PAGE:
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richardfoster

Is The Market Really Going To Crash?

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I have just had a very heated debate with two of my well educated work colleagues regarding house prices. I stood my ground with my newly obtained knowledge from this forum and other web sites.

My boss who has argued the three factors, interest rates, inflation and unemployment are all low. Hence an all out crash is not possible because of the solid state of our economy.

I argued the debt / MEW / BTL case and that house prices are 6 times the average salary, FTBs being priced out the market and also the volatility if interest rates changed. Response being people can afford to pay it off so it's not a problem, and the economy is stable so interest rates will not change.

With regard to FTBs the response was they are building more affordable housing, although I said building 60k flats on land fill sites did nothing to close the gap.

Also house are not selling gave the response 'three houses in my street have sold for there asking price in the past six weeks - depends on the location'

Agreeing to disagree it still begs the question - the economy is in much better shape than before the previous crashes - and with the 'golden' three factors all so low, ignoring previous cyclical trend, is it possible that there will be a small correction, or do recent statistics confirm a crash is inevitable?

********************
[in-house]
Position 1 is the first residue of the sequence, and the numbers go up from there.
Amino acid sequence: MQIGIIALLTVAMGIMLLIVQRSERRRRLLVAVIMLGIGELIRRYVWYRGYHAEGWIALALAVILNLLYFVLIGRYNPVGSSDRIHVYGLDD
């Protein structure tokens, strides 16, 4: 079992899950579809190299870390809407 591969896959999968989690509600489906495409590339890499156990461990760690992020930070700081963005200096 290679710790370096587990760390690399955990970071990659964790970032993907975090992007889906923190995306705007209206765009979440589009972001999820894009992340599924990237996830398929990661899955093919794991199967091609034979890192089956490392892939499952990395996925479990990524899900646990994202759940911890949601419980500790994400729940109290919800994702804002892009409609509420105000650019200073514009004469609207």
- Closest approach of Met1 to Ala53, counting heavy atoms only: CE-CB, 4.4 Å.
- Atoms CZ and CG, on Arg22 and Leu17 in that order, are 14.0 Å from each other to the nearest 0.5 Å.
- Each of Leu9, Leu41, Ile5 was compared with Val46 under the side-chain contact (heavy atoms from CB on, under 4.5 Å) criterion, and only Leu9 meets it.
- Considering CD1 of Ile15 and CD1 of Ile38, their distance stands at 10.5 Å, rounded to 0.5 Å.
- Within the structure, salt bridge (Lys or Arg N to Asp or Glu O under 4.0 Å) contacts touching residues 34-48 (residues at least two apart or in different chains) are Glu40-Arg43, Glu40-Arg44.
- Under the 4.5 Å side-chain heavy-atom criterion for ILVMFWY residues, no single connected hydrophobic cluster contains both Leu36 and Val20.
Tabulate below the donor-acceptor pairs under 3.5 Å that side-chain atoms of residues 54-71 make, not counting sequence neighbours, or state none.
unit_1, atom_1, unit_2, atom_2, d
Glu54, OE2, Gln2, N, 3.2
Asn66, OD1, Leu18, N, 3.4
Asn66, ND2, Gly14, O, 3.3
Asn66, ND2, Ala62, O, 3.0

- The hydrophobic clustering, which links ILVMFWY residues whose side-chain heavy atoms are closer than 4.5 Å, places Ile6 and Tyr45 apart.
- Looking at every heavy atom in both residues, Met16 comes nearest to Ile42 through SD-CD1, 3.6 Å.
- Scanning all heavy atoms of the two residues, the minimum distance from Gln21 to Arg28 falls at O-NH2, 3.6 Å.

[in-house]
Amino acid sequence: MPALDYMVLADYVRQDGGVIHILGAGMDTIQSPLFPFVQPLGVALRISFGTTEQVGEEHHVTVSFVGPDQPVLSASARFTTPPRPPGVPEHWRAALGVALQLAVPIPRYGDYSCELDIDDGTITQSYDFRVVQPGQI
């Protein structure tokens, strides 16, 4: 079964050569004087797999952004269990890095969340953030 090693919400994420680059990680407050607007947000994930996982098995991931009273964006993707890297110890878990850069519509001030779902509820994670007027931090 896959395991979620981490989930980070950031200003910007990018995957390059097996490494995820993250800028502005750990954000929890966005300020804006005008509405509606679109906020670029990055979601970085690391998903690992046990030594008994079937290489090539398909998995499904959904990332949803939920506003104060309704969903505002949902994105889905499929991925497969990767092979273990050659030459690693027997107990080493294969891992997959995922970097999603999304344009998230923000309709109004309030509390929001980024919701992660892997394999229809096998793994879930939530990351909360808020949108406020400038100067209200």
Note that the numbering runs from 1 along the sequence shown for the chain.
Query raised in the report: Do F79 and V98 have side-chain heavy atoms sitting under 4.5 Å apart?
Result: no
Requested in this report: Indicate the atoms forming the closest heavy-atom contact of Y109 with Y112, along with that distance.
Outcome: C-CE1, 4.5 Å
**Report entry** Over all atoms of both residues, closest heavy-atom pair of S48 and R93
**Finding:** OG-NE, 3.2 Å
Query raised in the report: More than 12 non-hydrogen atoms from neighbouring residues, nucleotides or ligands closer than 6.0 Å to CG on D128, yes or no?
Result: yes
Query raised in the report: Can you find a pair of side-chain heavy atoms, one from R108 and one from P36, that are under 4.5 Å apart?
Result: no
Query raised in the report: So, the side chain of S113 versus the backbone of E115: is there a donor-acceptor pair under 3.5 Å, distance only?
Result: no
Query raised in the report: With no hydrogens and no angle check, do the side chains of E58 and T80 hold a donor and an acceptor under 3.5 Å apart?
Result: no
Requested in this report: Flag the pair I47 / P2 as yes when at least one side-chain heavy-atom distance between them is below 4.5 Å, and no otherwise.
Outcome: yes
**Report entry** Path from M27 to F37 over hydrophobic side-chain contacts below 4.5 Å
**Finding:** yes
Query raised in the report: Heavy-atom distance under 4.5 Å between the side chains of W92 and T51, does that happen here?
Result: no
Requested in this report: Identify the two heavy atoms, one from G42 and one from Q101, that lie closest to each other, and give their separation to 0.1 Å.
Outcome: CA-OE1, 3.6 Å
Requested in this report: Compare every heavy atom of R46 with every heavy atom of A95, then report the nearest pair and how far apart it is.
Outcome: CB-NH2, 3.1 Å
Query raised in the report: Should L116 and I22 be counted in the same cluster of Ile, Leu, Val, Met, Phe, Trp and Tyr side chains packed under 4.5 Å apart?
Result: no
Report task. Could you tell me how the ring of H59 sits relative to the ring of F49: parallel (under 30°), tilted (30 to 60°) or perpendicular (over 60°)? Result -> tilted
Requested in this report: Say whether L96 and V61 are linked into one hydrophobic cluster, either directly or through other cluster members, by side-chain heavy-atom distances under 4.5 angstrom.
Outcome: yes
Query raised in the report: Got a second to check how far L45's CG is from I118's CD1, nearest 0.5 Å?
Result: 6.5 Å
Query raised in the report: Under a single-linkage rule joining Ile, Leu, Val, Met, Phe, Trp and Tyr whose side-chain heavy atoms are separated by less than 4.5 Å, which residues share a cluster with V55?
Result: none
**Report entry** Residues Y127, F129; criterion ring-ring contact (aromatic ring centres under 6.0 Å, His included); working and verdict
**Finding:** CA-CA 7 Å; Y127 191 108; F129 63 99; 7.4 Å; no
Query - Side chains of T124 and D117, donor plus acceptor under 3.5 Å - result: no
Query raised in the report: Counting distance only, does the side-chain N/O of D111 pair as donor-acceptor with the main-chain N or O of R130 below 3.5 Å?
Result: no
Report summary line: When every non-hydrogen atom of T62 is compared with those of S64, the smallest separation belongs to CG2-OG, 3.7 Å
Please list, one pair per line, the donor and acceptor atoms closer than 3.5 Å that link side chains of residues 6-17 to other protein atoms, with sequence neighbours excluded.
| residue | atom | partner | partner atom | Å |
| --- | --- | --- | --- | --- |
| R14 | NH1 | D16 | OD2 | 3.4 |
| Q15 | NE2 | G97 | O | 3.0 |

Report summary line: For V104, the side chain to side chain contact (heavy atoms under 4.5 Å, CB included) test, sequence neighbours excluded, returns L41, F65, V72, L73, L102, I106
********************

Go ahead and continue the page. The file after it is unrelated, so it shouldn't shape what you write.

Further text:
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A couple of weeks ago the people of New Orleans were enjoying high house prices, things change.

The trouble with 100-200k mortgages taken on by 'ordinary' workers is that they are playing high finance games and are very exposed to global events but they dont realise it...YET !

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A couple of weeks ago the people of New Orleans were enjoying high house prices, things change.

The trouble with 100-200k mortgages taken on by 'ordinary' workers is that they are playing high finance games and are very exposed to global events but they dont realise it...YET !

So true - and the illusion of wealth has been an easy one to create with prices rising; I feel the next 6 months to be crucial in this respect. Sentiment will change enormously... ;)

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So true - and the illusion of wealth has been an easy one to create with prices rising; I feel the next 6 months to be crucial in this respect. Sentiment will change enormously... ;)

Ditto for the illusion of poverty that many people on this site suffer from because they cant afford to "own" a house......

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the question is how will sentiment respond when it widely ACCEPTED and REPORTED that house prices are down 10% year on year?

that cannot be answered until it happens and happen it will.

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I have just had a very heated debate with two of my well educated work colleagues regarding house prices. I stood my ground with my newly obtained knowledge from this forum and other web sites.